Freedom, Attachments, Authenticity, and Meaning: Finding Hope Away from Home

Nichole Flores writes:

The Cuban-American theologian Roberto Goizueta calls community “the birthplace of the self.” The loss of our community—along with the places and spaces in which we come to know that community—can shake our identity and sense of self to its core. Reading these reflections on the relationship to homeland in exile allowed me to hear Psalm 137 speaking to the spiritual dimensions of the loss of home and community in a new way. While it illuminates the spiritual dimensions of our political relationship with place, it also shows how our sense of self is shaped by attachments we have that give us a sense of home. Losing these attachments means losing our self-understanding, but also our sense of belonging both to the community and to God….

It was not until we had our first child that that feeling of home began to seem insufficient. A perfectly mundane pregnancy and labor gave way to unexpected difficulties with the delivery. It took only moments for sheer joy to become unimaginable terror as our first and only child was wheeled out of the delivery room in a plastic bassinet for emergency treatment in the neonatal intensive care unit. The attachment between my son and me, one that had been fully embodied for the better part of a year, ended abruptly. I was unable to cradle him in my arms for the first four days of his life. I spent those days surrounded by family, friends, doctors and hospital staff. But I had never felt more alone in my life. Thankfully, his treatment was successful, and we were able to take him home just six days later. But the rupture engendered a sense of the fragility of life and of our attachments that would become the central spiritual challenge of my earliest days of parenthood….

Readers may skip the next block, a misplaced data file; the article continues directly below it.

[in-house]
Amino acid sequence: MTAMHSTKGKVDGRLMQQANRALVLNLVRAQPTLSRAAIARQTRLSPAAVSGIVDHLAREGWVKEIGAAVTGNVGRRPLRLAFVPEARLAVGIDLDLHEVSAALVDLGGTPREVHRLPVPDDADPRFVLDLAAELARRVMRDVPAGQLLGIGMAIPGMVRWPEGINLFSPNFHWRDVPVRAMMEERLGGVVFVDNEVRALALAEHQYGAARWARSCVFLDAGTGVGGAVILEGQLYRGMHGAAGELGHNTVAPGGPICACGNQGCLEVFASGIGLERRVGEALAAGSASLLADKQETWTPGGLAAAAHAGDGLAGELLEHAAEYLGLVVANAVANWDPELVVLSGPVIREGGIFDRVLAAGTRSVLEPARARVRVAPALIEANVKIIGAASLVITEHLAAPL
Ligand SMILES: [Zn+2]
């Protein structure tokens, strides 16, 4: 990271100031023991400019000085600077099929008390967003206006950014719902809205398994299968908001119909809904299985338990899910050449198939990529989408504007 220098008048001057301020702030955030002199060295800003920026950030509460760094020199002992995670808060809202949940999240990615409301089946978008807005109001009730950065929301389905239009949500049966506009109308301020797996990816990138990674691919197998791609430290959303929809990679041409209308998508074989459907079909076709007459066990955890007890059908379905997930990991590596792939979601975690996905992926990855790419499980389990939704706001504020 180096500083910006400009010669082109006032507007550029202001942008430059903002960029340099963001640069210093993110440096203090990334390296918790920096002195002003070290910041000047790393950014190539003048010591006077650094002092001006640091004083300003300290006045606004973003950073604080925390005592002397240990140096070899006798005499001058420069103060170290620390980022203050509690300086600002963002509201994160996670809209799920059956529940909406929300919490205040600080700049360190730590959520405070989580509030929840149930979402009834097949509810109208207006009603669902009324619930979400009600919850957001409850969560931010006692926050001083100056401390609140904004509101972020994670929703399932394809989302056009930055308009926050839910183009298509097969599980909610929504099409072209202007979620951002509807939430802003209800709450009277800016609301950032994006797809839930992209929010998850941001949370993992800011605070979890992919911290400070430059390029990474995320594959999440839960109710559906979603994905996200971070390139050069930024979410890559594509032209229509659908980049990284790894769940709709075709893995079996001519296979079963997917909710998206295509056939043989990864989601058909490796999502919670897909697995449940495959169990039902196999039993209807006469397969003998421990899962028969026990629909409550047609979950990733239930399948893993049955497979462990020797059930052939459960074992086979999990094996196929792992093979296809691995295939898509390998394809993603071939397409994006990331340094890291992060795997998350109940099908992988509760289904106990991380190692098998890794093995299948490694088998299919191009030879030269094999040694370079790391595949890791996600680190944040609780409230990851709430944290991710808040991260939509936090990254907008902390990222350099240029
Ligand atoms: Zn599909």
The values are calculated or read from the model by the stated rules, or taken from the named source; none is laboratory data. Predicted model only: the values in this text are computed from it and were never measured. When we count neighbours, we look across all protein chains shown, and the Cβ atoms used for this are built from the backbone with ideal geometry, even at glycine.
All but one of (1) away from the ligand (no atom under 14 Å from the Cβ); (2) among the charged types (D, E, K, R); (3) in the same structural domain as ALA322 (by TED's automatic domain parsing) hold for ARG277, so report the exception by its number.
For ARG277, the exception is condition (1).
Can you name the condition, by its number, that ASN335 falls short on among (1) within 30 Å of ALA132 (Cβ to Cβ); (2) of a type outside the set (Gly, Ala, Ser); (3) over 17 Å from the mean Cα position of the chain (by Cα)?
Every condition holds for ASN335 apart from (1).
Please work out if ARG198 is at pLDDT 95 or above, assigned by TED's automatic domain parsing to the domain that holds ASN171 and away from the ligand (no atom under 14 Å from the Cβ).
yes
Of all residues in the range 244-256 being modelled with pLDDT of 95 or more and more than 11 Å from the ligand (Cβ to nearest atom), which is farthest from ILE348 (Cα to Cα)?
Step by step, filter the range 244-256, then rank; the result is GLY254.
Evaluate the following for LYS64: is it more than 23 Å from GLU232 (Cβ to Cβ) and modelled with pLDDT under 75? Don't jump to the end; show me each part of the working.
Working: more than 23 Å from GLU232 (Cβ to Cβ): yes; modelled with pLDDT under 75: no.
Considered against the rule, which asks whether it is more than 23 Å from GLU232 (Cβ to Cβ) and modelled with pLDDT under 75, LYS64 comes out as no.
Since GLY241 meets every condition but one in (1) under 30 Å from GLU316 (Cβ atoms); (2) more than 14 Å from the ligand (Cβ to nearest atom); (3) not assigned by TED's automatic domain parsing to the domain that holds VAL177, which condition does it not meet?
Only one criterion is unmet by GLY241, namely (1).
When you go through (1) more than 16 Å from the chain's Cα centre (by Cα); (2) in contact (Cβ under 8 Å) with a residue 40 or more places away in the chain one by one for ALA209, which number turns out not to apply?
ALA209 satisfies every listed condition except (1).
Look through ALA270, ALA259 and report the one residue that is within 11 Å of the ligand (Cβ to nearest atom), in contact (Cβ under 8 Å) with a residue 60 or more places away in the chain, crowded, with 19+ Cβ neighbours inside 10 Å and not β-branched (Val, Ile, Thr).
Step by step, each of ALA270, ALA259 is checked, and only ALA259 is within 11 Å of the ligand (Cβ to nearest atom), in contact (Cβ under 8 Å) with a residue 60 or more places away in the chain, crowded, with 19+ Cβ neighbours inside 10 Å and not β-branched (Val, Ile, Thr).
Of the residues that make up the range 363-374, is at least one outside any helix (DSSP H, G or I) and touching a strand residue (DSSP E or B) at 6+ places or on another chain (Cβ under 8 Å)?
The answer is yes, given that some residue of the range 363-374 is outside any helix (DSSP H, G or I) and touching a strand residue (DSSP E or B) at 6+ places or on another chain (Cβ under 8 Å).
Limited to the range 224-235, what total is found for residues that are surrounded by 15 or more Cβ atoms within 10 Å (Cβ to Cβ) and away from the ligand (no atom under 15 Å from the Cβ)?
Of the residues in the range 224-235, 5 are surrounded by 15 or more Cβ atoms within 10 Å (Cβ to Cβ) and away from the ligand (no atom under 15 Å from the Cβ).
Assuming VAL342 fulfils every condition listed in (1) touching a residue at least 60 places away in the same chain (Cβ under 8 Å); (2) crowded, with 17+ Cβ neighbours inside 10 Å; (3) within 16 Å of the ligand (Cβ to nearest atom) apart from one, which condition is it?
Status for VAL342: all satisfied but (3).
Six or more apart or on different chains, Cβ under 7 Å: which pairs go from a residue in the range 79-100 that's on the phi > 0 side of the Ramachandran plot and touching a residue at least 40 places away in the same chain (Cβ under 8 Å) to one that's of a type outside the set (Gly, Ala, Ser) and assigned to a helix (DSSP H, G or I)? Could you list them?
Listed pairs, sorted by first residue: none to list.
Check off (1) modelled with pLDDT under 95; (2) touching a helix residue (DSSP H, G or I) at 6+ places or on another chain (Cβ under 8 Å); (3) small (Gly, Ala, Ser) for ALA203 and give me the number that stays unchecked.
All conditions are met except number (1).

My experience of loneliness was complicated by the trauma I experienced during my son’s delivery and the first week of his life. Why had this horrible thing happened to my son? As the days, weeks and months of sleep deprivation wore on, I began to wonder if God was angry at me. I began to ask for the first time in my life whether God really loved me. While this kind of spiritual upheaval is commonly referred to as a crisis of faith, it seemed more accurate at the time to call it a crisis of hope. While I did not doubt that God existed, I lost hope that I had a home with God. I lost hope that God would rescue me. I felt the abiding sense of home beginning to unravel. I felt angry. For the first time in my life, I felt truly adrift….

The current state of our society’s relationship with home has been fraught with neuralgia because on a global and national scale, debates rage on about the rights of migrants, refugees and asylum seekers. Unimaginable violence in Syria and the ensuing refugee crisis have led millions of vulnerable humans to seek asylum, only to be turned away by neighboring nations that are their only hope for safe harbor. Unbearable images of suffering migrants have been cast across social media, searing our consciences with the image of 3-year-old Alan Kurdi’s lifeless body washed ashore on a Turkish beach, or Omran Daqneesh’s visage covered with blood and ash. These images are a reminder that the loss of home usually causes irreparable harm, especially for the most vulnerable among us….